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Early Responses to the Periodic System$
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Masanori Kaji, Helge Kragh, and Gabor Pallo

Print publication date: 2015

Print ISBN-13: 9780190200077

Published to Oxford Scholarship Online: November 2020

DOI: 10.1093/oso/9780190200077.001.0001

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Nationalism and the Process of Reception and Appropriation of the Periodic System in Europe and the Czech Lands

Nationalism and the Process of Reception and Appropriation of the Periodic System in Europe and the Czech Lands

Chapter:
(p.121) Chapter 6 Nationalism and the Process of Reception and Appropriation of the Periodic System in Europe and the Czech Lands
Source:
Early Responses to the Periodic System
Author(s):

Soňa Štrbáňová

Publisher:
Oxford University Press
DOI:10.1093/oso/9780190200077.003.0015

The 1870s marked the onset of an exceptionally fruitful and dynamic period in the development of chemistry in the Czech Lands. University education and research in chemistry was taking place at several universities and technical universities, where the structure of the main chemical subjects developed gradually into organic, inorganic, analytical, physical, fermentation, and medical chemistry, just to mention the main specialties. At the same time, the process of the Czech National Revival led to the cultural, linguistic, social, and political emancipation of the modern Czech nation and stepwise almost entirely separated the linguistically Czech and German scientific communities in all their representations, including university education. In Prague, the divided German and Czech Polytechnics (and later Technical Universities) existed since 1869, whereas the Charles-Ferdinand University split into its Czech and German counterparts only in the years 1882 and 1883. The chemical community was organized in several professional associations that also reflected the ethnic division of the scientific scene. The Society of Czech Chemists, founded in 1866, had almost exclusively Czech membership, while a specialized German chemical association has never been created in the Czech Lands. This study deals with two closely intertwined themes: the reception of the periodic system in the Czech Lands and in Europe and the crucial role of the Czech chemist Bohuslav Brauner in this process. I am going to demonstrate a specific set of conditions that shaped the process of appropriation of this new scientific idea by not only scholarly argumentation, but also particular circumstances, in this case Slavic nationalism and Russophilia in the Czech society at the turn of the nineteenth century. The course of dissemination and reception of the periodic system also showed linkage to the linguistic emancipation of the Czech nation as reflected in the controversy over the Czech chemical terminology, where the periodic system served as argument to one party of the dispute.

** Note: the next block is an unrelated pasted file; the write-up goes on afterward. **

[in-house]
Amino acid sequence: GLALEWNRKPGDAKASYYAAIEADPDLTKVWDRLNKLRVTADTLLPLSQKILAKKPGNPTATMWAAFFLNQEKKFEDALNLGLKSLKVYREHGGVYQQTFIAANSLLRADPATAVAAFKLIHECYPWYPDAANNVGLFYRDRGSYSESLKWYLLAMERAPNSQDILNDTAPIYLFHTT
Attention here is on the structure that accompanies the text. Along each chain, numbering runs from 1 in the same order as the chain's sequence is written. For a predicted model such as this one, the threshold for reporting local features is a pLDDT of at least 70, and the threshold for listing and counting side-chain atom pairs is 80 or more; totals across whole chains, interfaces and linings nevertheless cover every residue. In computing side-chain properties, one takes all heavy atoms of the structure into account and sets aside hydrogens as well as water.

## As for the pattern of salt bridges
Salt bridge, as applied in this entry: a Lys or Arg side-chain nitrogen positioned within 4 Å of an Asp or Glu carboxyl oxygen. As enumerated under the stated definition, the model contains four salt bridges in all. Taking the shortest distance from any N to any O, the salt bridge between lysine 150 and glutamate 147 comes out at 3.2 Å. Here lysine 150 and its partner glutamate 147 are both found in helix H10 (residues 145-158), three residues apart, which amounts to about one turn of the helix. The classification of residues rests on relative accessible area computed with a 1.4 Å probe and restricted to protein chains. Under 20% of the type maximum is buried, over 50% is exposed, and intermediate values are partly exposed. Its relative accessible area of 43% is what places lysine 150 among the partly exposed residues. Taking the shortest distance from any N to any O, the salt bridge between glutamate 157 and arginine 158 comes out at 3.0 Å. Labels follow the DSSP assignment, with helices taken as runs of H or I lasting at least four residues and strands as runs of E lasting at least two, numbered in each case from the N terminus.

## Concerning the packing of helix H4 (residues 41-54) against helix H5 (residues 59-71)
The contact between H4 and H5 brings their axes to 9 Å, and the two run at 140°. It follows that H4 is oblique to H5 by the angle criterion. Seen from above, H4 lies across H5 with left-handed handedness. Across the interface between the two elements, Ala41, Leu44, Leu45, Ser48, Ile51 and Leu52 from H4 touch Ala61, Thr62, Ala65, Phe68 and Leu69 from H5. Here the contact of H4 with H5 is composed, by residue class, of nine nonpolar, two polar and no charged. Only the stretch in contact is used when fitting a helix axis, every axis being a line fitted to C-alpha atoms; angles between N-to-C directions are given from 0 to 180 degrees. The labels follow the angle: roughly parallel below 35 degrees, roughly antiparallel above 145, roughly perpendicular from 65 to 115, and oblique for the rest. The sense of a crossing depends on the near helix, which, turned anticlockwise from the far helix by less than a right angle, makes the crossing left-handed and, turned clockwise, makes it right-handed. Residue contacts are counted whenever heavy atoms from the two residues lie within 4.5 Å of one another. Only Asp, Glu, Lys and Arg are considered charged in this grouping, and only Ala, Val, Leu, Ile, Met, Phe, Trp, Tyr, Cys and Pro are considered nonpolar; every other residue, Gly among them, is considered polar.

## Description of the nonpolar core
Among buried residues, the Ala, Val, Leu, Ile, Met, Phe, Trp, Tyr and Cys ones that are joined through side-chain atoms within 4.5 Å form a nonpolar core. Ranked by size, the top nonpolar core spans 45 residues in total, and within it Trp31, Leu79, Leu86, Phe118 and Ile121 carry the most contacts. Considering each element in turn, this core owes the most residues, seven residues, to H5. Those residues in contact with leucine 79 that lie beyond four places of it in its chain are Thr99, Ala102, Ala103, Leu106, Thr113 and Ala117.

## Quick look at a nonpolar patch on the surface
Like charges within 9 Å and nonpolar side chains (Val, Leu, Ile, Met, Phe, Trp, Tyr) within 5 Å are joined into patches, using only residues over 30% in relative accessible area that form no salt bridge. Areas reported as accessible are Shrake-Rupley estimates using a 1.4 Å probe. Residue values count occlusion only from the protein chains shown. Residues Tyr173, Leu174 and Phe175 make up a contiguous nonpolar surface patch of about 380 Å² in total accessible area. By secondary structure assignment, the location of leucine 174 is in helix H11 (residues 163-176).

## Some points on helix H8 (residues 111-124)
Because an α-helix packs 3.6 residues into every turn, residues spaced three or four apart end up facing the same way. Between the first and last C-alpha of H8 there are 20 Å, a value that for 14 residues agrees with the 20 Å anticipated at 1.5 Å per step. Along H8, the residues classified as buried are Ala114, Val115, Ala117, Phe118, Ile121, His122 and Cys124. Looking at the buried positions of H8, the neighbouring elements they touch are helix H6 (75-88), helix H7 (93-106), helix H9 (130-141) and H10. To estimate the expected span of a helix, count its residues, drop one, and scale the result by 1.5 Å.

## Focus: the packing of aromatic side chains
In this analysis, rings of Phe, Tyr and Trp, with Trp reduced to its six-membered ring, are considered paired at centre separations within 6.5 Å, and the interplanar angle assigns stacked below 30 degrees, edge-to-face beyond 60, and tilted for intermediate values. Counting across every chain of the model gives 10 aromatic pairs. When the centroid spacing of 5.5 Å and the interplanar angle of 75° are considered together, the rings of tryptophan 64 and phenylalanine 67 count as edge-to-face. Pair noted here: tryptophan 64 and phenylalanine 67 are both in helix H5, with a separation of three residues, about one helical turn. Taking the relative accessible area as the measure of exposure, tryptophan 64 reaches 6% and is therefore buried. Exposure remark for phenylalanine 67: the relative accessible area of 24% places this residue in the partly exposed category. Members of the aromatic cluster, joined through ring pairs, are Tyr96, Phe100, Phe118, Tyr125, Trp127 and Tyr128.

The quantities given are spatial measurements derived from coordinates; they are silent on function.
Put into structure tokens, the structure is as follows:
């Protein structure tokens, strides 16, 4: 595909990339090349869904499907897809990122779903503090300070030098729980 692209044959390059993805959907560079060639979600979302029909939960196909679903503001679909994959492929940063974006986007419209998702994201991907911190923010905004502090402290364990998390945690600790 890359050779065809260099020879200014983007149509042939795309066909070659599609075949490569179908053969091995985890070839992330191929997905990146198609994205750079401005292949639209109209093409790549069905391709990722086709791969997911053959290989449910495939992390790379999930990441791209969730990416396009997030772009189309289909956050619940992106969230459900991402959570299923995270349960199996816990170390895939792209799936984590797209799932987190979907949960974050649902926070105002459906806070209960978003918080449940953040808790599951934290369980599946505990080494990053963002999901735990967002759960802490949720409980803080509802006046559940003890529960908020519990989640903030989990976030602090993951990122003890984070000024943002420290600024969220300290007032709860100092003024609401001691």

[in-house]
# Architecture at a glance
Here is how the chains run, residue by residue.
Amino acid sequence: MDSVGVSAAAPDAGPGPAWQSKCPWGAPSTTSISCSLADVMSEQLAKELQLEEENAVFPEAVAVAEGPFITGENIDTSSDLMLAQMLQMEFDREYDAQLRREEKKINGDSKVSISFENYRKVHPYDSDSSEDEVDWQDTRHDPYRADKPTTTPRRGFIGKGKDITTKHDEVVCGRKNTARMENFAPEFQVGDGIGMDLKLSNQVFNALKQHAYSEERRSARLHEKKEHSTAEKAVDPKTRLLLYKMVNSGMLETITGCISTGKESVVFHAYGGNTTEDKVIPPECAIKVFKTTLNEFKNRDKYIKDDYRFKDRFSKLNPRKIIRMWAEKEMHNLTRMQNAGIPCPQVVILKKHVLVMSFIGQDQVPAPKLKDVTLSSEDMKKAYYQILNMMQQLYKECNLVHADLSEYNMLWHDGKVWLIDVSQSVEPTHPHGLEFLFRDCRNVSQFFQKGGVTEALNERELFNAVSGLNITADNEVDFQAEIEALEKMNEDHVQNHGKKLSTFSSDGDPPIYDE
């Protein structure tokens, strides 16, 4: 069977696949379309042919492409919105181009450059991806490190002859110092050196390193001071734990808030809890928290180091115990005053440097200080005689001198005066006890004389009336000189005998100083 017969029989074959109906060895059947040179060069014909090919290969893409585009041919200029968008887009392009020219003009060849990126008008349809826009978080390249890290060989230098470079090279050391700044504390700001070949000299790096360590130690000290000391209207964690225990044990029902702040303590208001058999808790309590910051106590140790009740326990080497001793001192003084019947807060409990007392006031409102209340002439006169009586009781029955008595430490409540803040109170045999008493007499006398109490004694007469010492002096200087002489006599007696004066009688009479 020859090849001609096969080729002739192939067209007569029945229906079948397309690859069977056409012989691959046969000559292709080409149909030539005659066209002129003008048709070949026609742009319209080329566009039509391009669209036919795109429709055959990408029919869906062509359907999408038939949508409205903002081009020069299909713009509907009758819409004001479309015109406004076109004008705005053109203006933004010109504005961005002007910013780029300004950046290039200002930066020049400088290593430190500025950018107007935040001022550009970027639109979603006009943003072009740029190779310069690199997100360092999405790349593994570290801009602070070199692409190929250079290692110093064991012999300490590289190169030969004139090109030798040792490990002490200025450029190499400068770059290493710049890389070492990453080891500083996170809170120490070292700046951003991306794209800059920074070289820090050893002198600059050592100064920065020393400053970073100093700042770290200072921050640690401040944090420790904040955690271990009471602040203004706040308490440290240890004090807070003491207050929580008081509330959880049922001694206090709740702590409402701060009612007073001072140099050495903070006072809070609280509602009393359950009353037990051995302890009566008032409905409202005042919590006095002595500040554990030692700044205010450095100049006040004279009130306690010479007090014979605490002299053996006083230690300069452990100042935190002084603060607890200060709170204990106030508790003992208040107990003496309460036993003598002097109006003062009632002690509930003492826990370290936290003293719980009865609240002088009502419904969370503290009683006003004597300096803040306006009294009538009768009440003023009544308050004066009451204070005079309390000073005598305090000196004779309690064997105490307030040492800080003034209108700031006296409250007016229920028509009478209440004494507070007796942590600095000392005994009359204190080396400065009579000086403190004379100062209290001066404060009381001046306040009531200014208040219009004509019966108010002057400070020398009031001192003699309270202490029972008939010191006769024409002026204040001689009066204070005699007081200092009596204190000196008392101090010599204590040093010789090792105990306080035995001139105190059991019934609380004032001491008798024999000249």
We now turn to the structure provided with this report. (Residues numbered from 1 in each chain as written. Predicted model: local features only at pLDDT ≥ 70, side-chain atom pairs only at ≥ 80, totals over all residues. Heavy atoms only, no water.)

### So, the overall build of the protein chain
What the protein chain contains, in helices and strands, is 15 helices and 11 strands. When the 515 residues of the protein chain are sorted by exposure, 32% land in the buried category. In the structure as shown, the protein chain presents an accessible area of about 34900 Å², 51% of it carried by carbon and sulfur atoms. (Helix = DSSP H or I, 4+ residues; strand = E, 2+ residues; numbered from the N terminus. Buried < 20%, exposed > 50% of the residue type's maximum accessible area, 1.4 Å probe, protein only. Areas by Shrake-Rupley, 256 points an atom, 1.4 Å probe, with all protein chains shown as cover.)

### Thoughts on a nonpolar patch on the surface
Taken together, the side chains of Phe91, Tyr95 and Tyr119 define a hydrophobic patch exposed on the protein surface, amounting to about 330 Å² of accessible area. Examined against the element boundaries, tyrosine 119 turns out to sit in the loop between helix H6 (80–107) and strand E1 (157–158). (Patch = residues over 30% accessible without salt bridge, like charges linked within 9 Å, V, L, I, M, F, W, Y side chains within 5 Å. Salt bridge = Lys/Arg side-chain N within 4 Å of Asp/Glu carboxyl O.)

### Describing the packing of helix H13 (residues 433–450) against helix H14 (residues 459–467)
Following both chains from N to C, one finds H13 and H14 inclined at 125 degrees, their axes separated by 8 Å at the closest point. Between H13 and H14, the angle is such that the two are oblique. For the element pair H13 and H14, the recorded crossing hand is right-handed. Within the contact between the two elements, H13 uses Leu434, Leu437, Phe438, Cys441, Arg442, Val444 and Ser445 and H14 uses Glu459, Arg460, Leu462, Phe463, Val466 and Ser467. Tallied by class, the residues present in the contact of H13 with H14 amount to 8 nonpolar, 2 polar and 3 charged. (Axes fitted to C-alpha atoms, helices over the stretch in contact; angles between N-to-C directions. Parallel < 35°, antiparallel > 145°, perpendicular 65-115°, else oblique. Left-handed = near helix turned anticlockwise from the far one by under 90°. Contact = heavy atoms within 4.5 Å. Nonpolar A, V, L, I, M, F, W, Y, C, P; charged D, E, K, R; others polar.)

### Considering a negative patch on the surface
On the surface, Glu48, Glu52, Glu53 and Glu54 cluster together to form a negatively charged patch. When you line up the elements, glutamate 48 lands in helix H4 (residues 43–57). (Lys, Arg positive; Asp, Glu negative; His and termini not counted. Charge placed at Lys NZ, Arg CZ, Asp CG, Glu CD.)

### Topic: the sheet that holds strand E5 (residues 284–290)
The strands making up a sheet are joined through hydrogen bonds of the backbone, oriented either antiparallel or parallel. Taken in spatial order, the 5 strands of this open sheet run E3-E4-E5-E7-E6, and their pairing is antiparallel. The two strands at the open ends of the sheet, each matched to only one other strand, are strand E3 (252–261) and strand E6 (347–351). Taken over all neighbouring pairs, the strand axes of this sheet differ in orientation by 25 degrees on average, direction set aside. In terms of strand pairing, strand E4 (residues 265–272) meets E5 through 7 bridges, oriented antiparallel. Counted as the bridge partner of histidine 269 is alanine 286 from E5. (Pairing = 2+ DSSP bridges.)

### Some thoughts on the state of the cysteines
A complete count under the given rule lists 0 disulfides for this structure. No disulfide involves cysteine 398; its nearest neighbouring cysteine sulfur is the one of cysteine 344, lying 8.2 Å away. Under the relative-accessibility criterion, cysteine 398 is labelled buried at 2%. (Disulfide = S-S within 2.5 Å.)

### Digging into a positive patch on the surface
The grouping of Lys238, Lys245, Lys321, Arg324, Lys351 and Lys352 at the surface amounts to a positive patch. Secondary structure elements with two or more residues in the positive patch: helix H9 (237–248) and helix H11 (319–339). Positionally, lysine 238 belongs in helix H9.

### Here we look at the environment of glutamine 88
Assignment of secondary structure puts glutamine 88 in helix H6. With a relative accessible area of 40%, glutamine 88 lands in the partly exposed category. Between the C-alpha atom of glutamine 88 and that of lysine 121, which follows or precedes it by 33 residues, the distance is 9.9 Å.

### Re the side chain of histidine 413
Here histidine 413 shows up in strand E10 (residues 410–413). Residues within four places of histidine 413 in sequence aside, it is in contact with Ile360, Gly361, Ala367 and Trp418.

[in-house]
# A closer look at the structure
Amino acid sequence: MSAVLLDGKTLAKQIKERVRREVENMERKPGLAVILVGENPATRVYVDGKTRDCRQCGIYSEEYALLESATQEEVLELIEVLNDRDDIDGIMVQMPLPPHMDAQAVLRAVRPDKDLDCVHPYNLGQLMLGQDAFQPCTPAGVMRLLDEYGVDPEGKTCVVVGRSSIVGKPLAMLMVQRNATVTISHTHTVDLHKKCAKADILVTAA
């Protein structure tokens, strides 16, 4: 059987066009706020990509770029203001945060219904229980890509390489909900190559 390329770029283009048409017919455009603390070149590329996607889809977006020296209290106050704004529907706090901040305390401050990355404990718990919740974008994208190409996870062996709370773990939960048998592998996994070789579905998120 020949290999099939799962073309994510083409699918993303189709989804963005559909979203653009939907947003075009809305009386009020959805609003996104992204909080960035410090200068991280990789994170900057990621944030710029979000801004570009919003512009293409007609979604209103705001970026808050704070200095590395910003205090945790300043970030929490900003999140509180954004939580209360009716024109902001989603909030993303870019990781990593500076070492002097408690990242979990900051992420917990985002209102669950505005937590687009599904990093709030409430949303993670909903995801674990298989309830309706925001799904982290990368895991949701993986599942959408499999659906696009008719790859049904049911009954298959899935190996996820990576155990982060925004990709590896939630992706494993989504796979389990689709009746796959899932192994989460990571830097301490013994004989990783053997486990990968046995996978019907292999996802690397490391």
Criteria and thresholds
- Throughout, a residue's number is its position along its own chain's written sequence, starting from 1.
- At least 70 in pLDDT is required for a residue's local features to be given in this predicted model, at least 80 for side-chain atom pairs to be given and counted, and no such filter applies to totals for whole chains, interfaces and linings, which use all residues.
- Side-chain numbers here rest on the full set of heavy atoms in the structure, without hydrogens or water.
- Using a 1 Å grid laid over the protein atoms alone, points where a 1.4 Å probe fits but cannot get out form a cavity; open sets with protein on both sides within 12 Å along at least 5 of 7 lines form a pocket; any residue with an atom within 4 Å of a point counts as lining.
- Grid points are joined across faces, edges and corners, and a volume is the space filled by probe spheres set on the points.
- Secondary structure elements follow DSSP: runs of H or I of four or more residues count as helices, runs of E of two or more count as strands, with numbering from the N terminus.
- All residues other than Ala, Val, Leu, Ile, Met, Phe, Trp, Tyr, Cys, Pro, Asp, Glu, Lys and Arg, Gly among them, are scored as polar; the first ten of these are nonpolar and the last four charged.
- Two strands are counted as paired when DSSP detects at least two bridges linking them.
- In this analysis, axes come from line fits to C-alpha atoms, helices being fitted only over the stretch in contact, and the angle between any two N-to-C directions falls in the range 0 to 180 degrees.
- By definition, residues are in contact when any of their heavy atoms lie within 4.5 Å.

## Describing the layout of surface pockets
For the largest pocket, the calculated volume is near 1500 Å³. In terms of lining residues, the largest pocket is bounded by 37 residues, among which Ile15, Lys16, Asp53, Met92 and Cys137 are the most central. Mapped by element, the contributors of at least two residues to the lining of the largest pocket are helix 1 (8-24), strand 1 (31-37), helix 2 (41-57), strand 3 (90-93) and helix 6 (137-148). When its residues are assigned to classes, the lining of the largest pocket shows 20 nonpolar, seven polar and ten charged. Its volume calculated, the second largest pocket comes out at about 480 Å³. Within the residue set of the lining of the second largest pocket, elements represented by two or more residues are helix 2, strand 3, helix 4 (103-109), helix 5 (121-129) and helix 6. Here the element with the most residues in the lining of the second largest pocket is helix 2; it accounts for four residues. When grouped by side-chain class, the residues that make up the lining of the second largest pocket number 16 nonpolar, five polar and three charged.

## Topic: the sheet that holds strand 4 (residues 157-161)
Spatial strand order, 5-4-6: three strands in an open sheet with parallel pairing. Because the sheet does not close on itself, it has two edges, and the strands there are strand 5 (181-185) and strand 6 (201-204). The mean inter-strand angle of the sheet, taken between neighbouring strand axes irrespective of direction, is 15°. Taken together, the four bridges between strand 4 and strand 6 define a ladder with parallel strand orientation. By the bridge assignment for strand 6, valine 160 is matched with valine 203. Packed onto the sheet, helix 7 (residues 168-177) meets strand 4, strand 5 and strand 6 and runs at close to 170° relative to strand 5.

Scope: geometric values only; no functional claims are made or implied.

Keywords:   Atomic nucleus, Beryllium, Congress of the Russian Natural Scientists, Czech National Revival, Didymium, Gallium, Habsburg Monarchy, Inorganic chemistry, Lanthanum, Ordinal numbers, Rare earth elements, Spectroscopy

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